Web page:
I hear it typically lasts from about 10yo to about 14 yo. Good luck!!
     
  7. lizzie09

    lizzie09 lizzie

    My friends difficult child daughter never has melltdowns at school and we think its because she doesnt want to lose face there. At home she can go wild.
    I never could understand this as my son would have them in school and be ok at home. Home was his comfort zone.

    Friends difficult child would have a fit if she had a complaint note sent home!!
     
  8. susiestar

    susiestar Roll With It

    Does he have an IEP? IF so, maybe it is time to call another IEP meeting and have it said that all work is to be done at school - no homework. If he doens't have an IEP, hop over to the Special Education forum and htey can get you started with that - it really can help both you AND your child.

    TEll the teacher that you are willing to work with her but you are NOT willing to be spoken to like that. Encourage her to be more professional and less accusatory in her communications with you. Also tell her that your child is having major melt-downs over homework.

    It may not be worth it to do the homework fight. School can hand out whatever consequences they feel is appropriate for not doing homework. Your child may just have to take the natural consequences of not doing the homework. I am one of the moms who decided that I would no longer fight over homework. Period. They could take whatever consequences school dished out, but our home was NOT going to be a battlefield. It actually helped my child, as he was more able to recharge at home, so school wasn't as stressful.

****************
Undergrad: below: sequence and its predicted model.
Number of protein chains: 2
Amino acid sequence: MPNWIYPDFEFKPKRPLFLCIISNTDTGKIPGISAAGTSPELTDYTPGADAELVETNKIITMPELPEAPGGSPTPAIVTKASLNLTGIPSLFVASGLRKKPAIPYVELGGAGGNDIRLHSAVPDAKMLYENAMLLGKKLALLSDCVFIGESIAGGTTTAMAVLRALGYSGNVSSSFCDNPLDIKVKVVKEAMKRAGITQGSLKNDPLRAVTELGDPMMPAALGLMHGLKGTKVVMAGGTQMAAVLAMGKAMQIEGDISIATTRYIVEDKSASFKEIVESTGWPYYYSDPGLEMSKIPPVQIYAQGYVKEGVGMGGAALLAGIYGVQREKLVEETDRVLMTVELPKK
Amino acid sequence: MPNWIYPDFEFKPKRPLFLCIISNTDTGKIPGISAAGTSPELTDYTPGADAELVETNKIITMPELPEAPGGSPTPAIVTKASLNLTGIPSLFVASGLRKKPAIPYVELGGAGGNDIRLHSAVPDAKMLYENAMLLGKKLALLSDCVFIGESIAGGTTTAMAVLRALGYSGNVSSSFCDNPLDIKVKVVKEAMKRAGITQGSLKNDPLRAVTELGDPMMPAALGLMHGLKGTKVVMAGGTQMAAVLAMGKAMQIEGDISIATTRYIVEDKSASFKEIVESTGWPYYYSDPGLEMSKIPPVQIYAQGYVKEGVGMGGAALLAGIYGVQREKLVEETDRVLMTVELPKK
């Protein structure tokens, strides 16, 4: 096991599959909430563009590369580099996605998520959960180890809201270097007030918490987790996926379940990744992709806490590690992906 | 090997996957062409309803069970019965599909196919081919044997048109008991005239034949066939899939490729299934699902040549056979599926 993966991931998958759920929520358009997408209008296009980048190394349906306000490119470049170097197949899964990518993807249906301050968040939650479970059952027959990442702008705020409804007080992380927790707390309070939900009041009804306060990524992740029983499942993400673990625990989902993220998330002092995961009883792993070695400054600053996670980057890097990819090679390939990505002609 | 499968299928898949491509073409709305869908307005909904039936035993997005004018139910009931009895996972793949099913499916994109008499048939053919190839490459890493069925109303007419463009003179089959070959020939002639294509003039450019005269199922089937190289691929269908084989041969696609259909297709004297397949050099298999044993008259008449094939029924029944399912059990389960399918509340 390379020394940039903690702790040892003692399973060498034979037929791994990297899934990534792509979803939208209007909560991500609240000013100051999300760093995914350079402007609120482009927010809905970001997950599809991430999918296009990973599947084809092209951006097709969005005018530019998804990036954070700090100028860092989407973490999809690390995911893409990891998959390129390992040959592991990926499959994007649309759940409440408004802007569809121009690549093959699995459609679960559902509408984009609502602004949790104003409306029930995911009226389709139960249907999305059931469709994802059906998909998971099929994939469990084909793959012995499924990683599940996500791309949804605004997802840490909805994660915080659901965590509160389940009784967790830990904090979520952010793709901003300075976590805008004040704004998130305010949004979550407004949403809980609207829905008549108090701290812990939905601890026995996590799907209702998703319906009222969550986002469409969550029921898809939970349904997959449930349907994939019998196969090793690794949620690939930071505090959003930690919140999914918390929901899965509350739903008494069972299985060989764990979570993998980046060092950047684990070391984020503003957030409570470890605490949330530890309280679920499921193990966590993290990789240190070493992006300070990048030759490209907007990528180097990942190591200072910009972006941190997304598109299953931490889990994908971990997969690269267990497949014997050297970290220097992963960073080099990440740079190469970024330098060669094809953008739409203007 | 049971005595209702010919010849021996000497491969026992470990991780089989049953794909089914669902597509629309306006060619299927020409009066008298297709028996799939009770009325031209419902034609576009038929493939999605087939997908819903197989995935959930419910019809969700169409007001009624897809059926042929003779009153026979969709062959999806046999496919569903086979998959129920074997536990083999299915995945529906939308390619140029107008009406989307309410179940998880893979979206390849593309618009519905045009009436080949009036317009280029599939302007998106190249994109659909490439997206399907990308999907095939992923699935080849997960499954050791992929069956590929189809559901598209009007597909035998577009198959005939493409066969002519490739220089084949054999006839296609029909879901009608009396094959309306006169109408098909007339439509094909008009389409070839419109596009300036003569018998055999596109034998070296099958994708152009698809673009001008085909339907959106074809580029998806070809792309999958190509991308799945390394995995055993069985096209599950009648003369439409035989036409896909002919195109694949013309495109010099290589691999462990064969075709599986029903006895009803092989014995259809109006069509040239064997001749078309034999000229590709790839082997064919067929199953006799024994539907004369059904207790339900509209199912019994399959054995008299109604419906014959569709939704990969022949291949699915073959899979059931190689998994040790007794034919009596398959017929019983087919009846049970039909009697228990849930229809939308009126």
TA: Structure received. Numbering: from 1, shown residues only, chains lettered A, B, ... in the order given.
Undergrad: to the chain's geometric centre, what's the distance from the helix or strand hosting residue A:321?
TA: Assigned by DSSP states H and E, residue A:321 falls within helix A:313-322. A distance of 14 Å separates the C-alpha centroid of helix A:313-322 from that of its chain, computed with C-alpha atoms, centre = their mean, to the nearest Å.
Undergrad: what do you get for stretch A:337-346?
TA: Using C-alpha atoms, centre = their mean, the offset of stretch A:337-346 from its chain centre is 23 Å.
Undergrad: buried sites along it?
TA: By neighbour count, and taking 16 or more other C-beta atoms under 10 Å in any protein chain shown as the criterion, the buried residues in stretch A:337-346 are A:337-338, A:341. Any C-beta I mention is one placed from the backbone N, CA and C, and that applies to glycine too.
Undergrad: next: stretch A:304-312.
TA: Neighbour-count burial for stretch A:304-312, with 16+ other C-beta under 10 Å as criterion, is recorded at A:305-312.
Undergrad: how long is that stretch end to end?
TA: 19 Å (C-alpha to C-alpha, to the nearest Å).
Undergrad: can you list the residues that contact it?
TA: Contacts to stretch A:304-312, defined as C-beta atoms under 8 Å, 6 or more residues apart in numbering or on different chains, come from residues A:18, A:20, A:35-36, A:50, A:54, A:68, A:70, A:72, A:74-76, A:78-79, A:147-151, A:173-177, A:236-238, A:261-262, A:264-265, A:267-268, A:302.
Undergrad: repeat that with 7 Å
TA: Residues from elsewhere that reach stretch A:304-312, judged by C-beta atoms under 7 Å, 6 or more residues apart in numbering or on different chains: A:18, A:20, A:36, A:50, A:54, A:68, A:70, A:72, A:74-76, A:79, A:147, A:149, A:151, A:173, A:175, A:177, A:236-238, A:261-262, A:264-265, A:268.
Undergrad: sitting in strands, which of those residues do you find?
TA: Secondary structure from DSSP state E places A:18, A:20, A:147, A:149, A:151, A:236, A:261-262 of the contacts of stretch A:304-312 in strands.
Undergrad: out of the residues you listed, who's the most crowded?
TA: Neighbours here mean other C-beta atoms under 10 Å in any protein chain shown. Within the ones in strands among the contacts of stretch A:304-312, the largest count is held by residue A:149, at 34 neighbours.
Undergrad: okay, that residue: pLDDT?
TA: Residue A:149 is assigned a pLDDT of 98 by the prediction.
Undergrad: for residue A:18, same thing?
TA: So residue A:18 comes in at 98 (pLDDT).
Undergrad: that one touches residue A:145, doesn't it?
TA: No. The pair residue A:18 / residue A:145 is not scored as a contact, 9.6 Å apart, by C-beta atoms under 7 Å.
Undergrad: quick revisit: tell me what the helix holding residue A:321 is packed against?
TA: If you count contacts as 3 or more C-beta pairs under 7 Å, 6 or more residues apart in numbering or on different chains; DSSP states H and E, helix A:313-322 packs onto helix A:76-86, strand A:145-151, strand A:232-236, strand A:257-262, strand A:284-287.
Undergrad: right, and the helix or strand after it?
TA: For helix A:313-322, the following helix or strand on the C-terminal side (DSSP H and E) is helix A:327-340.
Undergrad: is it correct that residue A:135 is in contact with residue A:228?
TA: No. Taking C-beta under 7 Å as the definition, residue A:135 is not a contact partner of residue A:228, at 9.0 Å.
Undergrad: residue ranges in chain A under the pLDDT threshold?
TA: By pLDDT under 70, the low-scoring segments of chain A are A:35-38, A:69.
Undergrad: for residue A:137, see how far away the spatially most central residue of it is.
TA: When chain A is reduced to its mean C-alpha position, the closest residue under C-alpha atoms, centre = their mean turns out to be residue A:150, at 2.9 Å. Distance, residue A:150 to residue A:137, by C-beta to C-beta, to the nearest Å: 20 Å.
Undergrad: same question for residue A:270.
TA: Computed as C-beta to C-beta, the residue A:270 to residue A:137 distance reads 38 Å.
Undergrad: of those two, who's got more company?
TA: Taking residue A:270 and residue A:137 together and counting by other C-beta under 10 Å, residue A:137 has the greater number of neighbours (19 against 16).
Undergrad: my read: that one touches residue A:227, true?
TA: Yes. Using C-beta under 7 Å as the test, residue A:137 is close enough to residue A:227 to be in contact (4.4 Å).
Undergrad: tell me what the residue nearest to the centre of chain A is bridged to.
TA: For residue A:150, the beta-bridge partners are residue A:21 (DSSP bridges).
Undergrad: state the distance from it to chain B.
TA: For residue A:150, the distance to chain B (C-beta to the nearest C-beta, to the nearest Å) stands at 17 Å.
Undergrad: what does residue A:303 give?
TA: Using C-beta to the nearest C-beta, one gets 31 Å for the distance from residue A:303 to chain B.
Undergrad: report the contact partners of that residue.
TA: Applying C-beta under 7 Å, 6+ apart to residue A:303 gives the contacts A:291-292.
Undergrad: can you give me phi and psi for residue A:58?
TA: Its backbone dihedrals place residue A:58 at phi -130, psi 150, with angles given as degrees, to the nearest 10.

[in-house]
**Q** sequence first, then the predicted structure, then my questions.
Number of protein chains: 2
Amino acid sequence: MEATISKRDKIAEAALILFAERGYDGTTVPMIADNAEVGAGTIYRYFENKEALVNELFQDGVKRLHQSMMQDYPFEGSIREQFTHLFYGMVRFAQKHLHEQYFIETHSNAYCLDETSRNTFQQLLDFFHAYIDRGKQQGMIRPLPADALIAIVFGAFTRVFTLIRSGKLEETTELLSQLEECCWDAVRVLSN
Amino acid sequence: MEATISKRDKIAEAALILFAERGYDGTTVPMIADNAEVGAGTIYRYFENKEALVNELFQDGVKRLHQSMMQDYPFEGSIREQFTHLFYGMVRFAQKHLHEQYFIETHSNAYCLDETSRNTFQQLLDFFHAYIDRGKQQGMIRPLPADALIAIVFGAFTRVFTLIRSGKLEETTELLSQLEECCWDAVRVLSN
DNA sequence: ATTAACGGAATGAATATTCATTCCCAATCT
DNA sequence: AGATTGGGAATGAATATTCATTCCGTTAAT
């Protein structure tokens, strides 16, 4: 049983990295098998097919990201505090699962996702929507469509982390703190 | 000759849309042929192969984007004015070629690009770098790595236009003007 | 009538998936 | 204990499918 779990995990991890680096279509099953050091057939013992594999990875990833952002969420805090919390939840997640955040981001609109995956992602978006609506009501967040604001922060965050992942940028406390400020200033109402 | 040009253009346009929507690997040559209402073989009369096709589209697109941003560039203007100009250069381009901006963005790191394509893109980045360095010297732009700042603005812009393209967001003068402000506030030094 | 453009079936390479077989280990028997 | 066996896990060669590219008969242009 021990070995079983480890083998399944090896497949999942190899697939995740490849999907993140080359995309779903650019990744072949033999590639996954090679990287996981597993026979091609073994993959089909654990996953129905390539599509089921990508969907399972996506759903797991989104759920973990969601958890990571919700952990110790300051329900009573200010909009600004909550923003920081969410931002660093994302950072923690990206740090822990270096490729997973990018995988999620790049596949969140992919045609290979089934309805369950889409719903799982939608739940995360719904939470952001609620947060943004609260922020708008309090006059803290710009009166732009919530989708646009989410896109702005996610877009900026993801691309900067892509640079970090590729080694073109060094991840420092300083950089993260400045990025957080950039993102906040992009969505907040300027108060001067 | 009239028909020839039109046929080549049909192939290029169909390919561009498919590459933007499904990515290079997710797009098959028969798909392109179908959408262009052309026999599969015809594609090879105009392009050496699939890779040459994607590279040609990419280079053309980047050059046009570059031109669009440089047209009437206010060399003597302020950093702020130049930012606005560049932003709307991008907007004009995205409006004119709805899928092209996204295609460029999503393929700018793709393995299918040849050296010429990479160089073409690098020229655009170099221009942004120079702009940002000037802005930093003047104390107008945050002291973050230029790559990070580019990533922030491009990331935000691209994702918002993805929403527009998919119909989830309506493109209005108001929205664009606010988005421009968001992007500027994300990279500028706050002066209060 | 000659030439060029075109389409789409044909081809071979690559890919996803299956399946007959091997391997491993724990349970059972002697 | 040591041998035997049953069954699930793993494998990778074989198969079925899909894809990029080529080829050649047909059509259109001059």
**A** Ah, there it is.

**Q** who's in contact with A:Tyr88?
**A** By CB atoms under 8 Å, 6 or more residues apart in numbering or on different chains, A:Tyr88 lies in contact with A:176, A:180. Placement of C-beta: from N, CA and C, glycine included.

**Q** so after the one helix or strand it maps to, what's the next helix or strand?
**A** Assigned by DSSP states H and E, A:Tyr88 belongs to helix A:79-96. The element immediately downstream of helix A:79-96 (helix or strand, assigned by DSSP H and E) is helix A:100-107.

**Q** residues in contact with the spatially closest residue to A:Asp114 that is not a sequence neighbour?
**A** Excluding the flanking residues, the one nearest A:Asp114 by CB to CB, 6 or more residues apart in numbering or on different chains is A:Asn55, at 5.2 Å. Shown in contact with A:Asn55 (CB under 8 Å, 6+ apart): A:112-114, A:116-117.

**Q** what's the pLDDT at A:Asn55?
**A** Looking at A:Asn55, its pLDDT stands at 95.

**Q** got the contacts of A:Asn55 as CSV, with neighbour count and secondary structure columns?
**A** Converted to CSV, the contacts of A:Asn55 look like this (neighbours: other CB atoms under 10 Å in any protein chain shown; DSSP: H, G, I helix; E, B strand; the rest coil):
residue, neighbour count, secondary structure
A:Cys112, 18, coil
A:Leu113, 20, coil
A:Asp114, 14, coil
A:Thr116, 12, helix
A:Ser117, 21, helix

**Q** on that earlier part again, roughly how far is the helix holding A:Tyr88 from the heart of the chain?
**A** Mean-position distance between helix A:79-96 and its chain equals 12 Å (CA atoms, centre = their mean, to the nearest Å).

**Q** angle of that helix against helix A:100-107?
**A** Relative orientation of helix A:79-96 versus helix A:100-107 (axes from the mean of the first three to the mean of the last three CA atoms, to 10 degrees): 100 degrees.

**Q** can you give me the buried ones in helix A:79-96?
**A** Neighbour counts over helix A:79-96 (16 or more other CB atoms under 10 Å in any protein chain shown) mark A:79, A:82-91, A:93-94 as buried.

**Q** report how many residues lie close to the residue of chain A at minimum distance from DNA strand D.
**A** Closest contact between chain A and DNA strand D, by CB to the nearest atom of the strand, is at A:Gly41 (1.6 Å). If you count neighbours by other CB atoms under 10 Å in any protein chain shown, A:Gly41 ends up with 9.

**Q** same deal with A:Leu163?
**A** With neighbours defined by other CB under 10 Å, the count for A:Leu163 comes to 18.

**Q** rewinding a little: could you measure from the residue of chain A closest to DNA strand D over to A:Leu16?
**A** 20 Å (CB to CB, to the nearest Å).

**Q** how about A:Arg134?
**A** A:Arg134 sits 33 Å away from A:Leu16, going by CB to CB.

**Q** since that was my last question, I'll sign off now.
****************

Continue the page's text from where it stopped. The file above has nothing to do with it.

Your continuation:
It is pretty common for our kids to hold it together very tightly at school so they don't have meltdowns. Then they come home and just can't hold it all in anymore and fall apart all over us. This is one reason I stopped pushing homework. Your child is probably very anxious, and if he is not having problems understanding the work, then it may help him AND the rest of the family if you are not fighting the homework battle.
     
  9. trinityroyal

    trinityroyal Well-Known Member

    Livinlife, the others have already given you great advice.
    Just wanted to say that you're definitely not alone in this.

    During my difficult child's last year of mainstream school, his IEP said that all schoolwork had to be done during school time. Homework was just too much of a struggle and meant that I had a raging, flailing, out-of-control teen on my hands at home, as well as my then 3-year-old cowering because big brother was losing it again.

    If the teacher never sees the meltdown side of your difficult child, then she probably doesn't have the faintest clue what you're talking about.

    The Special Education forum has some great information about getting an IEP in place, managing the process, running the meetings etc. Might be worth a look.

    Trinity
     
  10. livinlife

    livinlife New Member

    Thank you all so much!!! Your ideas are great. I think it is time to call another iep meeting even though we just had one at the beginning of the year. But I will try. THank you all again. What a great place.